Story highlights

The U.S. will recognize offices of the Syrian opposition as formal diplomatic missions

It's a more assertive step than the Obama administration has been willing to take

The move comes ahead of a visit by the head of the opposition council, Ahmad al-Jarba

CNN —  

The United States said it would recognize offices of the Syrian opposition as formal diplomatic missions on Monday ahead of an official visit by the opposition’s political leader.

The upgrade in status of the Syrian Opposition Coalition’s liaison offices in Washington and New York as “foreign missions” under U.S. law is largely symbolic.

But it is a more assertive political step than the Obama administration has been able to do in the past. It is one that will help facilitate banking and security services for the opposition and shore up its legitimacy with the U.S. government and with the Syrian diaspora in the United States.

The State Department closed the Syrian embassy about six weeks ago.

Deputy State Department spokeswoman Marie Harf called the designation another step to underpin the relationship.

“This is not tantamount to recognition of the SOC as the government of Syria,” Harf told reporters. “It’s a reflection of our partnership with the coalition as the legitimate representative of the Syrian people.”

The move was one of several initiatives designed to boost the Syrian opposition on the eve of a visit later this week to Washington by Ahmad al-Jarba, the president of the opposition council.

The State Department also announced $27 million in additional non-lethal assistance to the council, and promised to step up delivery of non-lethal aid to moderate commanders in the free Syrian army to increase its “logistical capabilities.”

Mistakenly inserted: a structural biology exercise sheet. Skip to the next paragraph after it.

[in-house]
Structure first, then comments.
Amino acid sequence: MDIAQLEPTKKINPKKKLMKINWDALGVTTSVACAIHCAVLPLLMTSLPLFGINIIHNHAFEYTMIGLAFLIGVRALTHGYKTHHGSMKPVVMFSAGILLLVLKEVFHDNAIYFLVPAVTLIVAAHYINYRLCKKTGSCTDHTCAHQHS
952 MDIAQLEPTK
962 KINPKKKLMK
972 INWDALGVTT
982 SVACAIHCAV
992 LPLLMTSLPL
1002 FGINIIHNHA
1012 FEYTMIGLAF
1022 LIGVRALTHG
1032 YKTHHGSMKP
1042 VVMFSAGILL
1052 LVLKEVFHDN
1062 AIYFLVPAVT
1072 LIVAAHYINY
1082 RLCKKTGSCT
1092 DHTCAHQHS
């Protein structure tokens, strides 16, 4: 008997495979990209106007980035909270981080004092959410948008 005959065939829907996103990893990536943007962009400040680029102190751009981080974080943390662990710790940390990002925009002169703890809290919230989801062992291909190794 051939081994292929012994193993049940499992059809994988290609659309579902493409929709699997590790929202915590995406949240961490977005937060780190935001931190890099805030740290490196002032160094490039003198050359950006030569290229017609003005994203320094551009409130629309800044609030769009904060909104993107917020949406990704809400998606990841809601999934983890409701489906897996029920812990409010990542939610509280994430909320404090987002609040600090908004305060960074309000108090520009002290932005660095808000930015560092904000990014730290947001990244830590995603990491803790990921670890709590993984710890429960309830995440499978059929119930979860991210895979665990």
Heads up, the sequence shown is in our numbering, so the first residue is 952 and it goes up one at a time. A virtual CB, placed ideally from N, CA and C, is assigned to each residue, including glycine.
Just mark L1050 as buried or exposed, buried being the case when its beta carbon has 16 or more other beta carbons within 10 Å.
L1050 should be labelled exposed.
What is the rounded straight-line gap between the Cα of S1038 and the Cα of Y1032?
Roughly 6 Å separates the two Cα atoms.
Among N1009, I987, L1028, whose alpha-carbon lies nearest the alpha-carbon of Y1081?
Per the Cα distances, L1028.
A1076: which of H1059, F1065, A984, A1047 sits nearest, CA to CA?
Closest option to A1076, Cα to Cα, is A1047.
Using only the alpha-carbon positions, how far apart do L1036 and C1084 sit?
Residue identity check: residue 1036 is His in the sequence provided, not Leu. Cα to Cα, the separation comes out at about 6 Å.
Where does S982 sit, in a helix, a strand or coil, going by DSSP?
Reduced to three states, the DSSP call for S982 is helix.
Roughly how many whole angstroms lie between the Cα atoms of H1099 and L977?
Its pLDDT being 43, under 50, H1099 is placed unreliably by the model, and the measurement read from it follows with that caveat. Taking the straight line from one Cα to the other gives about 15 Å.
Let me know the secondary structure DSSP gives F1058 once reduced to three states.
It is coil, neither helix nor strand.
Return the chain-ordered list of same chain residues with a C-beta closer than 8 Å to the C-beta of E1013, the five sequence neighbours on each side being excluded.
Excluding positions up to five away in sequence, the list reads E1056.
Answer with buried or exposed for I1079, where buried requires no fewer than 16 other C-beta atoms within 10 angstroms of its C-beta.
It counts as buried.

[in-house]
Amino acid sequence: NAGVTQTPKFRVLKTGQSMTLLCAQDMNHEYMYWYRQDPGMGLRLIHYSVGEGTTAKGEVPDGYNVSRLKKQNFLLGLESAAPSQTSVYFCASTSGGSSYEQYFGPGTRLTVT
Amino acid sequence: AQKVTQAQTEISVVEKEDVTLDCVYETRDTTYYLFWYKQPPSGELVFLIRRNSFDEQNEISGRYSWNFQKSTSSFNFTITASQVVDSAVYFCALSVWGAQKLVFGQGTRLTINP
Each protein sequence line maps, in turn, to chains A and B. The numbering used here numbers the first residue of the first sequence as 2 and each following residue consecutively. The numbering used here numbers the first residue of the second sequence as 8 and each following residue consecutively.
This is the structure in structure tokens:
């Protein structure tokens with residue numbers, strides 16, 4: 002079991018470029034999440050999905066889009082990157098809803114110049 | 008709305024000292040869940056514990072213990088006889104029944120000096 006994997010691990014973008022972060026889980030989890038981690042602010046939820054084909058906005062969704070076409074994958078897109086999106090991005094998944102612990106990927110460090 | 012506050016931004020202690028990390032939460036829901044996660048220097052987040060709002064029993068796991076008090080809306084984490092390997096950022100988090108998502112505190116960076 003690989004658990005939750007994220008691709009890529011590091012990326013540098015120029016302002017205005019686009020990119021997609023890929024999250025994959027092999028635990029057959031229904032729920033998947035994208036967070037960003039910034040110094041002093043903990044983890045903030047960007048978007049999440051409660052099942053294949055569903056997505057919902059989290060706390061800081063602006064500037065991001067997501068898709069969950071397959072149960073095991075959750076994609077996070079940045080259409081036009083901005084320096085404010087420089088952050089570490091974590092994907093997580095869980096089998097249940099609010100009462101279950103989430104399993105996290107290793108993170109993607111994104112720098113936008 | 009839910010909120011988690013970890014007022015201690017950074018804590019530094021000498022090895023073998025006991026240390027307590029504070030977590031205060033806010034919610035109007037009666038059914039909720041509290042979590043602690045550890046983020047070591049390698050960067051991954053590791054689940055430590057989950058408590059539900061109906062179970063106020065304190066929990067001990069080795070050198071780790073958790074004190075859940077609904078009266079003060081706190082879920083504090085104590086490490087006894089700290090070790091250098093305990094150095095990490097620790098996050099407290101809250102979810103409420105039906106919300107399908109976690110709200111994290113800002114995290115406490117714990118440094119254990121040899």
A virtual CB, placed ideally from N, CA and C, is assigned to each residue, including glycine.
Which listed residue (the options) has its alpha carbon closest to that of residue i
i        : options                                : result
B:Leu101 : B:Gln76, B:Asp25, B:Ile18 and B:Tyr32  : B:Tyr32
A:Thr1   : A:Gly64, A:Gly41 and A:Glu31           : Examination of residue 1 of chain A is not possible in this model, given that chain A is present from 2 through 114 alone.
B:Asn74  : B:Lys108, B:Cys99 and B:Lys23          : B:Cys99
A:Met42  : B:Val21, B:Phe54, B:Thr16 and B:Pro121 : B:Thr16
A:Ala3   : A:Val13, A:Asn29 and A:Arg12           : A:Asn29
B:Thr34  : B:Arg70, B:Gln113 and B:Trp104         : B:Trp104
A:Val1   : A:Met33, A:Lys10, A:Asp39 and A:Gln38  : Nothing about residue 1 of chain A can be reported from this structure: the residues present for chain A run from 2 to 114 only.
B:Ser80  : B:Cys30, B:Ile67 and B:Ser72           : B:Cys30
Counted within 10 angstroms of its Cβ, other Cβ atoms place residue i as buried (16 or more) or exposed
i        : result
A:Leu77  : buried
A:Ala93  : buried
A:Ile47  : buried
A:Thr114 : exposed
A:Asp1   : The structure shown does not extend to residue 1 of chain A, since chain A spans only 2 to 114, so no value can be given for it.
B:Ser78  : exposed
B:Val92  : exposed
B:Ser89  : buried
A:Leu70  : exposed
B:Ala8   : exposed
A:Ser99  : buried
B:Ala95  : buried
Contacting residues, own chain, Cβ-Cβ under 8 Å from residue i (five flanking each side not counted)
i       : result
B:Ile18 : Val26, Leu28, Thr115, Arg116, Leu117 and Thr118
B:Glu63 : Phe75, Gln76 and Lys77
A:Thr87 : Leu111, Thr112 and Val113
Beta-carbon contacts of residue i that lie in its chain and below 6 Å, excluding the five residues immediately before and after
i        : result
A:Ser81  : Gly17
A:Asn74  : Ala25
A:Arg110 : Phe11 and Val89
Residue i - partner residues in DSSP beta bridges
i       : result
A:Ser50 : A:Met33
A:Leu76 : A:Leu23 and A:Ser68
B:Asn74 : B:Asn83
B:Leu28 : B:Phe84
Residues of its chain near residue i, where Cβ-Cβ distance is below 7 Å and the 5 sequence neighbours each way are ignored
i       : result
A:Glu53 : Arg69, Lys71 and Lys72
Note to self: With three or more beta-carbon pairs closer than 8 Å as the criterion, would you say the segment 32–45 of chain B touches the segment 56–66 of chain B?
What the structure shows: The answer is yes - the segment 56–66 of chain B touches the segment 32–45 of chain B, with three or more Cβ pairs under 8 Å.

The new aid raises total American assistance to Syrian opposition groups to $287 million as the conflict enters a fourth year.

“This is an important step in the path toward a new Syria, its recognition on the international stage, and its relations with Syrian nationals in the U.S.,” Jarba said in a statement, calling the move a diplomatic blow to President Bashar al-Assad’s legitimacy.

“The new status provides a diplomatic platform for the coalition to advance the interests of the Syrian people at all levels,” he said.

Meetings with Kerry, and in Congress

Jarba will meet with Secretary of State John Kerry on Thursday, as well as with White House and Pentagon officials and members of Congress.

He will be seeking more sophisticated weapons for rebels battling the regime and extremist forces. He will be joined by Brig. Gen. Abdel Ilah al-Bashir, the new chief of the rebel Free Syrian Army,

Jarba’s visit comes as forces loyal to al-Assad have made recent battlefield gains and the government announced it would hold presidential elections in June, which have been denounced by the United States as a “sham” and “parody of “democracy.”

Efforts to negotiate a political solution between the opposition has failed and the international community is investigating what it calls credible claims the Syrian government may have used chlorine gas in a deadly attack on its people last month, even as weapons inspectors rid Syria of its most dangerous chemical weapons.